Stoma Appliance Service in the Community: Stoma Care Quality and Cost Effectiveness Review 2015

This report details the findings and recommendations following a multi-layered national audit involving patients, NHS Board staff, DACs, community pharmacies and manufacturers designed and conducted during 2014-15.

3. Methodology

The Quality Audit

3.1 During 2014, four levels of the quality audit were developed, in conjunction with the Scottish Stoma Forum, tailored to facilitate responses from each of the targeted audiences:

  • Patients/carers;
  • NHS personnel;
  • Community Pharmacy and Dispensing Appliance Contractors (DACs); and
  • Manufacturers

3.2 Patients (or their carers) were invited to complete a survey questionnaire to assess the level of satisfaction with the stoma appliance service and related care. NHS Board staff, DACs, community pharmacies and manufacturers were invited to complete audit pro forma in relation to their specific role in the provision of stoma care in the community.

3.3 The Scottish Government and NHSScotland wrote to Chief Executives of the 14 territorial NHS Boards in October 2014 providing details of the Quality and Cost Effectiveness Review and seeking nominated lead contacts to co-ordinate the process locally.

3.4 In December 2014, the suite of documentation was sent to each named lead that would be expected to manage the audit process within their respective NHS Board and collate responses for subsequent submission to NHS Greater Glasgow & Clyde (GGC) who were co-ordinating the exercise of behalf of NHSScotland and the Scottish Government.

3.5 The nominated NHS Board leads were requested to prepare sufficient copies of each version so that each community pharmacy and dispensing appliance contractor (DAC) would receive 5 copies of the patient/carer survey questionnaire, plus 1 copy of the service audit pro forma relevant to the nature of the appliance contractor. Sufficient quantities of pre-paid addressed envelopes were also to be provided to facilitate responses from patients (or carers).

3.6 It is not possible to state the patient/carers sample size with accuracy as it is not known exactly how many survey questionnaires were handed out to patients as it was possible for contractors to photocopy additional copies if they wished.

3.7 The audit pro forma for NHS personnel working in stoma care services was issued within NHS Boards to the lead nurse within the stoma service.

3.8 The audit pro forma for manufacturers was distributed by the relevant NHS Boards to manufacturers of stoma products providing supplies to contractors and patients within that NHS Board's area.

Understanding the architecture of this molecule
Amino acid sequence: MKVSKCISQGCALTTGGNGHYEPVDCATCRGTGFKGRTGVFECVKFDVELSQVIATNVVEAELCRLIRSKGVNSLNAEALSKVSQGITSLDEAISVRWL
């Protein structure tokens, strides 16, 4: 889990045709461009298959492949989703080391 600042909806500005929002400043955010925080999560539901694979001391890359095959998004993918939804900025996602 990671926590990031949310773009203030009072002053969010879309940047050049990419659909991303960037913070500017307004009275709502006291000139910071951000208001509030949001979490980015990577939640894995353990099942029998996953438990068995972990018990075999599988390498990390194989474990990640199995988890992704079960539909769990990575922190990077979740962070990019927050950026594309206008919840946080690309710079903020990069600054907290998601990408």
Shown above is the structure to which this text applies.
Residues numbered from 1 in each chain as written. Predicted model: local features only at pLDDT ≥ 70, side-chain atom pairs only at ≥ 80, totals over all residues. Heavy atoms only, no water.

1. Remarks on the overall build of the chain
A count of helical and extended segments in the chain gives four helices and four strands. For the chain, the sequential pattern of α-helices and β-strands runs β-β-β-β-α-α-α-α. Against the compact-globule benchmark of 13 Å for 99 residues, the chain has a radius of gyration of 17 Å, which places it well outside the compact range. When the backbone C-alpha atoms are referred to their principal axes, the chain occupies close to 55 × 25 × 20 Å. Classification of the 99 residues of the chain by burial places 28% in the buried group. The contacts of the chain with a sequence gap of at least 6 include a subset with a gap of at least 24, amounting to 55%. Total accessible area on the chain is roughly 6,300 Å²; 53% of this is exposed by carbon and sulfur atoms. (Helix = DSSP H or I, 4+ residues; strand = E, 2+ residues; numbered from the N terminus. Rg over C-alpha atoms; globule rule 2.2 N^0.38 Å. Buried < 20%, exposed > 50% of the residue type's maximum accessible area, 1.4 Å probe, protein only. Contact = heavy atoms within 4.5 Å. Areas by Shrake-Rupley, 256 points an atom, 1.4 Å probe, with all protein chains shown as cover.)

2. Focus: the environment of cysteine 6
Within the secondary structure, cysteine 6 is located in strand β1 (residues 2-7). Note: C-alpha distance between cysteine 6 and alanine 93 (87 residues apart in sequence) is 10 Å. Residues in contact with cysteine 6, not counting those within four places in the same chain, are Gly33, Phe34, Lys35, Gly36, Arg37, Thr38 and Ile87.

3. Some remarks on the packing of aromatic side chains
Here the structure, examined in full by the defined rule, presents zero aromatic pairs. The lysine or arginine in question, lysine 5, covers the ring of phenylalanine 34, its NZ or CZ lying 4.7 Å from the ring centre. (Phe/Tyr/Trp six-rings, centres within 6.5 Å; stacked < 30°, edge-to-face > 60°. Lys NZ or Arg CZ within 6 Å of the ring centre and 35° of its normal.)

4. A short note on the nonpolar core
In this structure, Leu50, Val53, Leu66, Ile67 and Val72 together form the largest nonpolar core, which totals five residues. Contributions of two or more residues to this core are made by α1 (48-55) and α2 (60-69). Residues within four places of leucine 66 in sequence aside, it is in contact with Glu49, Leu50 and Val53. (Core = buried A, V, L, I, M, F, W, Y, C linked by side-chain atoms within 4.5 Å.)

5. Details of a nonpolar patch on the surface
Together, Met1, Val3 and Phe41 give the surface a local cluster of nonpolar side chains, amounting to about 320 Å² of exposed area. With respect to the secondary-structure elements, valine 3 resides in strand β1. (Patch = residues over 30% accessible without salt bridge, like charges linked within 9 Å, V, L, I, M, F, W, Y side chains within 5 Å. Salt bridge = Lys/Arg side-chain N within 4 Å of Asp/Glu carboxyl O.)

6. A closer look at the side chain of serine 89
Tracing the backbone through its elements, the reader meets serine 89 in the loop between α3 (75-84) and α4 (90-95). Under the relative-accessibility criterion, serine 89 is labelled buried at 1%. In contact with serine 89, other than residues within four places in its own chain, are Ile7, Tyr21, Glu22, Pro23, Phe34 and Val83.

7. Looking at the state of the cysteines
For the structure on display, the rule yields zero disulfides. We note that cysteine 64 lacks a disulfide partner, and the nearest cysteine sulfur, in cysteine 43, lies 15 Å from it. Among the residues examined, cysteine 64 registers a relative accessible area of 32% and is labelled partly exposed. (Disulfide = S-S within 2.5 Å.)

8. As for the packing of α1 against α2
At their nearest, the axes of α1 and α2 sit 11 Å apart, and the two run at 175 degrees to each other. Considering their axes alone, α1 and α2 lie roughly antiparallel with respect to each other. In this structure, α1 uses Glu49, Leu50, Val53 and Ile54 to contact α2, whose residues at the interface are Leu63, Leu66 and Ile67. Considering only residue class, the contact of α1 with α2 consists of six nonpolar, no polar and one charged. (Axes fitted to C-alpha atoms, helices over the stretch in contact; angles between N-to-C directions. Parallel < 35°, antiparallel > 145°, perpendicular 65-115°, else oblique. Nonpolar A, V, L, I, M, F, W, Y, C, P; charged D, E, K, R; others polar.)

3.9 Copies of all documentation were scheduled for distribution to all participants during December 2014 with an expectation that the actual audit would commence on 5 January 2015 and continue for a 4 week period. For a variety of reasons, this timescale could not be accommodated and in an effort to encourage participation, and be as inclusive as possible, timescales were extended as necessary on a Board by Board basis to suit local circumstances.

Cost Effectiveness

3.10 A team including National Procurement and NHS Board representatives was established under the leadership of Mark Hunter of NHS Lothian to consider what updates to existing commercial arrangements may be appropriate. Engagement involved other interested parties such as the British Healthcare Trades Association (BHTA) and NHS Board FHS Finance Leads.

3.11 The cost effectiveness strand of the review has taken into account the information in the Quality Audit and the views of interest parties such as dispensers and manufacturers through the BHTA.

3.12 The arrangements for Stomas fees (dispensing, customisation and delivery) were considered. Most dispensing is covered within the community pharmacy remuneration and reimbursement arrangements and in the main specific dispensing fees no longer exist. However, the retention of fees was considered to be appropriate for the supply of stoma appliances given its specialist nature. The service is not provided by all pharmacists and the majority is through DAC's (Dispensing Appliance Contractors).

3.13 Detailed analysis of expenditure on stoma appliances was carried out by NHS Board, product and manufacturer. This suggested a high degree of consistency of behaviour across all health boards.

3.14 The main source of information was PRISMS (the Prescribing Information System for Scotland) with the focus on cost and quantity. In addition, there was analysis by NSS Information Services Division to determine patient levels through unique patient identifiers (e.g. patients' Community Health Index (CHI) number). This helped to distinguish patients receiving longer term stoma supplies and those receiving products for shorter periods.

3.15 Prescribing information data was used to further enhance the PRISMS summaries and develop some anonymised patient level statistics. This allowed NSS National Procurement to match the 2014-15 prescribing against quantity and product protocols adopted in England, highlighting the areas for further review.

3.16 There was considerable interest from industry members of the Scottish Stoma Forum in this aspect of the review. Manufacturers were keen to explore ways in which they could assist in future arrangements, including the introduction of new cost effective products which would be more beneficial to patients.


Email: Elaine Muirhead

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